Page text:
Seeking to generate ideas and pose questions about educational success with Black students, this study explored the conceptions of success that existed among stakeholders in an urban, Catholic high school in the Northeast, and investigated enactments of success around the four "commonplaces" (Schwab, 1973) of the school's curriculum: teachers; learners; subject matter; and milieu. Fourteen students and 11 faculty members served as key participants in this research project. Utilizing a case study methodology, this inquiry drew from a range of data sources including interviews, observations, and school records and publications. Data were analyzed using the constant comparative method (Glaser & Strauss, 1967), which involved the integration and refinement of categories, properties, and hypotheses.
Two major findings resulted from this study: success was primarily discussed and supported with regard to academic achievement; and practices exhibited around the school spoke to conceptions of success being promoted through the provision of a familial/communal atmosphere. These findings suggest that the presence of support systems and school communities that nurture positive relationships among its members are important in promoting success among Black students.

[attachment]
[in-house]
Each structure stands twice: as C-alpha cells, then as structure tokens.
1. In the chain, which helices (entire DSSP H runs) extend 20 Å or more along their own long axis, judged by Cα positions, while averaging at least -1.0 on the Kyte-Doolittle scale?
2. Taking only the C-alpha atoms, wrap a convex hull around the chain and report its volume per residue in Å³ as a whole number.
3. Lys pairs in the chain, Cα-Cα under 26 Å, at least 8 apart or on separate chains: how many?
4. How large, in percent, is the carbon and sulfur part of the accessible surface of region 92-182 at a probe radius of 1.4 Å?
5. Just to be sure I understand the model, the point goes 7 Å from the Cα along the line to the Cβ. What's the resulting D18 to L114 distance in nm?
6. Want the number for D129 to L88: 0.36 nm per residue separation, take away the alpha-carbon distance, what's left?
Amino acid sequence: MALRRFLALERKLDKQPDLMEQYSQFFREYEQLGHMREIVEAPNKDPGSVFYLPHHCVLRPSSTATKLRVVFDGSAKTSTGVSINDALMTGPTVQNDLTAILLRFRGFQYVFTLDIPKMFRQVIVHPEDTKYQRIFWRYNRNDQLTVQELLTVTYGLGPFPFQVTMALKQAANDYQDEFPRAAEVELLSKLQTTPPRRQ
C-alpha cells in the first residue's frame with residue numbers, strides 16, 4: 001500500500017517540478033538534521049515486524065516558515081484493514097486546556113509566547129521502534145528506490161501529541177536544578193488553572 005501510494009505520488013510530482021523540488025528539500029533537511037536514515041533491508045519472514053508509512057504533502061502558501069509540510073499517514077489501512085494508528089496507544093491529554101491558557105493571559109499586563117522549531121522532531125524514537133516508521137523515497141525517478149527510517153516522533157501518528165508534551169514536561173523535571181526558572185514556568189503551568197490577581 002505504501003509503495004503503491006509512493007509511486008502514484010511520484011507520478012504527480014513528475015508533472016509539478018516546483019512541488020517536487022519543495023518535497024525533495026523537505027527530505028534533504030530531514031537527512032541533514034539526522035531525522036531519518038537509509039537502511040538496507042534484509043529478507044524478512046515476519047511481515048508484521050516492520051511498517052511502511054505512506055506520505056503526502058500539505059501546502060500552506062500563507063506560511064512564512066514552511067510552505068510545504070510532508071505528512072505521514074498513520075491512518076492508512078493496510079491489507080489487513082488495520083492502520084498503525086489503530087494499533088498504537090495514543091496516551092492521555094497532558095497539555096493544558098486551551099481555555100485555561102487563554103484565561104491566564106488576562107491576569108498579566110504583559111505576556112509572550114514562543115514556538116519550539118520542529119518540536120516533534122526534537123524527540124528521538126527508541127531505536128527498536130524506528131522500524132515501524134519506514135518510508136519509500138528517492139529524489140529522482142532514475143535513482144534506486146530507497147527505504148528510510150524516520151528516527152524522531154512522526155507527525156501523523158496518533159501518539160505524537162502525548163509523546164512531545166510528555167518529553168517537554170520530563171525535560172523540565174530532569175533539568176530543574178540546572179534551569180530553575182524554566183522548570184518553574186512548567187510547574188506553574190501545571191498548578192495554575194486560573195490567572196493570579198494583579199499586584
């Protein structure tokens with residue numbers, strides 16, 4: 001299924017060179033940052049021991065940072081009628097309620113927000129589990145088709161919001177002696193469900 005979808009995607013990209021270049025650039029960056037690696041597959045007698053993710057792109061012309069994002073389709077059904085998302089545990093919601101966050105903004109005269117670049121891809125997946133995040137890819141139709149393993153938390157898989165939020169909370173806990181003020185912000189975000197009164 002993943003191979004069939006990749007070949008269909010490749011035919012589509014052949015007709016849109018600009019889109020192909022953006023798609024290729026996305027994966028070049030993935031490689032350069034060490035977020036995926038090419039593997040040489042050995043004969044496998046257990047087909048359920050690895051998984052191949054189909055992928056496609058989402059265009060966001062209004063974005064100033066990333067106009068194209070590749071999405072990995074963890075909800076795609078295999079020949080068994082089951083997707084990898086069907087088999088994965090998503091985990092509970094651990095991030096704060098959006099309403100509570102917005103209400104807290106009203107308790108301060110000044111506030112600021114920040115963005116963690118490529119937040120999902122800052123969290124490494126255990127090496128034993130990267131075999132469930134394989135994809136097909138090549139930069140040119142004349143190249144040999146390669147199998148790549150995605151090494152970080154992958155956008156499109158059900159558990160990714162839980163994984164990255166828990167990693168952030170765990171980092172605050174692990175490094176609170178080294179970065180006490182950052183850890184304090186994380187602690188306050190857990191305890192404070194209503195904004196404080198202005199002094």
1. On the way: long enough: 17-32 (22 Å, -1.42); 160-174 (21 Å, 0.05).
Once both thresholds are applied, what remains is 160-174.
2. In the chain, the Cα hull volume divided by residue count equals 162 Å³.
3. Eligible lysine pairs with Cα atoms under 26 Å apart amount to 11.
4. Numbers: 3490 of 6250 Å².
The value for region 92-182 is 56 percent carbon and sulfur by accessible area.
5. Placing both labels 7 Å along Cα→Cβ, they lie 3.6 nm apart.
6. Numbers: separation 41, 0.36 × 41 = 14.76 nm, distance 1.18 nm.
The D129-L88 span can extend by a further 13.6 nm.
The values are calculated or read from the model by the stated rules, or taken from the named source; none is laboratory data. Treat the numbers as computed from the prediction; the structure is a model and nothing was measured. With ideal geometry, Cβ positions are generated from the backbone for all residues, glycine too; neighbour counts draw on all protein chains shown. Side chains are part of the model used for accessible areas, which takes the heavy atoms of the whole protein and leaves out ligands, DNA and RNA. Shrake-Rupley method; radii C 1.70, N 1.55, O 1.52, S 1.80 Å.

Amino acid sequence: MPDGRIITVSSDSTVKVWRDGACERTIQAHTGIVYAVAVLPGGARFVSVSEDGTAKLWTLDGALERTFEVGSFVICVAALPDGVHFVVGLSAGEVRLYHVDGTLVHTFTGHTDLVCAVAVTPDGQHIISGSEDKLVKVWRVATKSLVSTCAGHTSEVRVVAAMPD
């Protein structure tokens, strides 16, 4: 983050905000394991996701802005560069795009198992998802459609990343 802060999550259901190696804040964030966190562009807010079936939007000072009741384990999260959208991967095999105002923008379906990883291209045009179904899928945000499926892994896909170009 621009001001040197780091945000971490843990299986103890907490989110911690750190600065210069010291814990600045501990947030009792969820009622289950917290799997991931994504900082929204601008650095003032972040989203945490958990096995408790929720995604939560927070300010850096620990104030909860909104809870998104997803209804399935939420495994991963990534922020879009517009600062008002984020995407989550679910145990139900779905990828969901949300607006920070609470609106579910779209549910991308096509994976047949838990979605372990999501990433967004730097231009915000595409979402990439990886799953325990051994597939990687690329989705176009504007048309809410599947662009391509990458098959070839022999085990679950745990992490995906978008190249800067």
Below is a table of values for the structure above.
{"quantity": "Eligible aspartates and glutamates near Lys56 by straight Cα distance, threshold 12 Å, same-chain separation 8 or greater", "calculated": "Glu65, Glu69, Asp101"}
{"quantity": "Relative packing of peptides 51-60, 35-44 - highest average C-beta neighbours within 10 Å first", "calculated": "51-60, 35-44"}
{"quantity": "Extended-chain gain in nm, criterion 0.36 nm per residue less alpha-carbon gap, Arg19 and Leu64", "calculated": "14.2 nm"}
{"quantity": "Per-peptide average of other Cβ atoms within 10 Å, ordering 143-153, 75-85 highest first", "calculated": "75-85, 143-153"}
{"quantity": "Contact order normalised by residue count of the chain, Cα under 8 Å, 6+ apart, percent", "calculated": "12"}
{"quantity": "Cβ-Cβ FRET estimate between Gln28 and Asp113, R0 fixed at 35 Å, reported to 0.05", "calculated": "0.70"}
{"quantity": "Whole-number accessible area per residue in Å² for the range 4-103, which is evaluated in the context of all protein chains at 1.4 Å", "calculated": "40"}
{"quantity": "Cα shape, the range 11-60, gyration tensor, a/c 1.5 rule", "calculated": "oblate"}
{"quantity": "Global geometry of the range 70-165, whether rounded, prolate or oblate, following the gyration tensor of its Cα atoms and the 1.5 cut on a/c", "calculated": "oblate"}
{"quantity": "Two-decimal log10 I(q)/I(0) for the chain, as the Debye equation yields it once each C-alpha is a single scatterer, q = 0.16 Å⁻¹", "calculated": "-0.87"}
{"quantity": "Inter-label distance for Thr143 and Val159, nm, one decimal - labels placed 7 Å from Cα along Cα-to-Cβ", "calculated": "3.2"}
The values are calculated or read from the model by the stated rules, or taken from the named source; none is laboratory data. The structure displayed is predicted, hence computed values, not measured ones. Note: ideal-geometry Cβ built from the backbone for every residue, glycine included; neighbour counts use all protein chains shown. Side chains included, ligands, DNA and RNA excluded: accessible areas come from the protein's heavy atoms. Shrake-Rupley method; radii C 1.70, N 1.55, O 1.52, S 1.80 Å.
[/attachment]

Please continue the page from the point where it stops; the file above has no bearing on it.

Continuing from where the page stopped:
This research project also asks us to consider the matter of race in schooling, specifically whether explicit attention to issues around race is requisite to being successful with Black students. Furthermore, the findings propose that we rethink traditional conceptions of success, school effectiveness, and college preparation. This study concludes with implications for research and practice, as well as possibilities for future research.
|School:||Teachers College, Columbia University|
|School Location:||United States -- New York|
|Source:||DAI-A 71/10, Dissertation Abstracts International|
|Subjects:||Instructional Design, Secondary education|
|Keywords:||Black students, Catholic high school, Urban education|
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